CAFRE Development Service

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Level II Agricultural
Business Operations
Good quality silage is a key factor in
profitable milk production

Silage Production

Silage Assessment

Dry Matter (DM)

Metabolisable Energy (ME)

Crude Protein (CP)

Fermentation (acidity level pH and
ammonia level NH3)

Dry Matter is the feed remaining after all the
water has been taken out

Dependent on weather and degree of wilting

Ideally 25-30%

Grass wilted over 30 % is more difficult to
consolidate

More prone to spoilage by yeasts and moulds
ME measures the energy content of silage
in MJ/kg DM
Very high
High
Moderate
Low
>12
11.5 – 11.9
10.5 – 11.4
<10.5
CP measures the protein content of silage
as a percentage of DM
Very high
High
Moderate
Low
14%
12 –14%
10 –12%
<10%

pH of between 3.8 and 4.2

Ammonia (% of total Nitrogen) less than 10
is desirable

Good fermentation is needed to ensure the
stable conversion of ensiled grass to silage

Poor fermentation produces silage
unpalatable to stock
1.
Sward type
2.
Nitrogen application
3.
Stage of growth
4.
Weather & grass DM
5.
Chop length
6.
Additives
7.
Silo filling & sealing technique

Perennial Ryegrass swards will produce better
quality and higher D-value silage than old swards

Heading date of grasses in sward will have effect
on quality and D-value (early/intermediate/late)

Newly reseeded swards generally produce higher
quality silage

Rule of thumb – allow a day for every 1kg/day
(2 units) of N to grow out of grass

Allow for both slurry and fertiliser N

Grass analysis indicates the potential
ensilability and fermentation of crop



Yield increases rapidly from mid April to
late June
Quality decreases rapidly from mid May to
mid June
The stage of growth at which crop is cut will
have more influence on feeding value of
silage than any other factor under the
farmers control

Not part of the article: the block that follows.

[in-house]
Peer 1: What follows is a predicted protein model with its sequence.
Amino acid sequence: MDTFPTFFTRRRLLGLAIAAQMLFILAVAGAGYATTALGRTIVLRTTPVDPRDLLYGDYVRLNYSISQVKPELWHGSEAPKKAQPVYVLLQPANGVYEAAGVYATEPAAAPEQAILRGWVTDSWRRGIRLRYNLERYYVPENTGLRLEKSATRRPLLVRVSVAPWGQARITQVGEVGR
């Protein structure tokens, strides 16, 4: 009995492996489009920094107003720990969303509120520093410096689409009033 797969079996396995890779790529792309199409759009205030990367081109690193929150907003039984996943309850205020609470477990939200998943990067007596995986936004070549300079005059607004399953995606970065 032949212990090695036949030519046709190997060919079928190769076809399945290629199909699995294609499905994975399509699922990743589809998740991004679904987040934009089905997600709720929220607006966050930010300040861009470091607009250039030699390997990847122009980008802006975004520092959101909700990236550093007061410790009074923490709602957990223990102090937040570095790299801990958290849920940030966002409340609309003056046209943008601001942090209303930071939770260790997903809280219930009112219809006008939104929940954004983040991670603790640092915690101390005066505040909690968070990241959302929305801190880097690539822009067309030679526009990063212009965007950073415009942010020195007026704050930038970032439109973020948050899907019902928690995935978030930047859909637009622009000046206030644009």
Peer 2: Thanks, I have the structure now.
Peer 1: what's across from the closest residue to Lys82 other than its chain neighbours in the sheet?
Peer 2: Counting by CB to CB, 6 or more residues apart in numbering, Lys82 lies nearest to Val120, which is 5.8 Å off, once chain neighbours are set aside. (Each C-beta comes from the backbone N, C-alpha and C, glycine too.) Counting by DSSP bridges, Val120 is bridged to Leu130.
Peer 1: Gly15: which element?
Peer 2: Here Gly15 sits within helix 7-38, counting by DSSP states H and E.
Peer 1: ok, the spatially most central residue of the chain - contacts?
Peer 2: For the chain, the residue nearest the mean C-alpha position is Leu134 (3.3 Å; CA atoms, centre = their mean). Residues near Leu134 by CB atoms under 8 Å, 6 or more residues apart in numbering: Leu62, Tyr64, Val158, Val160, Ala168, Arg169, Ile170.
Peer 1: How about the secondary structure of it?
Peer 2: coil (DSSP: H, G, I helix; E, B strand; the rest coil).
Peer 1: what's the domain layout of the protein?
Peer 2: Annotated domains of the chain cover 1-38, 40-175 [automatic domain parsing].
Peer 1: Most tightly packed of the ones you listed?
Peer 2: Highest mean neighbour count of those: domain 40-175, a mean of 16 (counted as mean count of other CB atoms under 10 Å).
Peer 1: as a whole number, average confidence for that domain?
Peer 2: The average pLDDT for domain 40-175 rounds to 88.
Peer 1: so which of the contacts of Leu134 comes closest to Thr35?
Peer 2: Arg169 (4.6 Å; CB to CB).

3. Stage of Growth
High ME Silage
3. Stage of Growth
Low ME Silage

High DM silage is weather dependent

Aim to harvest at 25 – 30 % DM

Rapid wilting preferable (24-30 hours)

Reduces effluent

High DM (>30% DM) is better chopped short –
approx 25mm (1 inch) – allows for better
consolidation

Lower DM (<25% DM) is better with longer
chop length – 50 mm (2 inches) or above

Aid to make good silage

Inoculants are the main type
◦ Inoculants contain one or more lactic acid
bacteria and promote efficient fermentation

Acid additives no longer commonly used
Grass placed on top
by hand
50mm drainage pipe
0.125mm polythene
125 mm
600
mm

Clean pit thoroughly

Hang plastic side sheet to ensure good seal

Spread grass over pit evenly in shallow layers
150 – 225 mm (6 – 9 inches)

Roll continuously

Rapid filling is best

Silage effluent is highly pollutant and must
be collected

If stored with cattle slurry, extreme care
must be taken when mixing due to
increased risk of gaseous emissions

Tanks must be checked regularly to prevent
overflow and leakage

Same principles apply as with pit silage

Bales should be dense and compact

Wrap as soon as possible after baling

4 - 6 layers of plastic film

Wrap at the stacking area if possible

Avoid excessive handling

Store bales immediately after wrapping

Storage in line with NIEA regulations
◦ Effluent must be collected from bales stored
on concrete etc.

Protect against vermin damage

Calculating available silage is the first
step in winter feed planning
◦ Assess silage in store
◦ Assess silage required
◦ Carry out a balance
1.
Silo length
2.
Silo width
3.
Average silo height
4.
Calculate volume
(length x width x height)
10.6 m
3.3 m
Volume = 10.6 X 3.3 X 22.8
22.8m
798 cubic metres (@ 20%DM)
Silage Dry Matter
Grass silage
Silage Density
Multiply volume by
18%
0.81
20%
0.77
25%
0.68
30%
0.60
10.6 m
3.3 m
Volume = 10.6 X 3.3 X 22.8
798 cubic metres
798 X 0.77 = 614 t
22.8m
Pit
1st
Length
22.8
Width
10.6
2nd
18.9
9.1
Height Volume Factor
3.3
0.77
798
2.1
0.77
361
Tonne
614
Total
892
278
Animal
Silage
No.
required
(t/cow/mth)
No
mths
Total (t)
Milk cow
Dry cow
60
20
1.5
1.2
6
6
540
144
In Calf
Maiden
10
1.2
1
6
6
72
Total
required (t)
756
Assess silage available against silage
required
Available silage = 892 tonnes
 Required silage = 756 tonnes

In this example 136 t of silage is
surplus to requirement

Aim to make high quality silage

Ensure correct fertiliser application

Consider grass analysis pre-cutting

Choose suitable cutting stage and weather

Consider rapid wilt

Collect and handle effluent safely

Calculate quantity of silage
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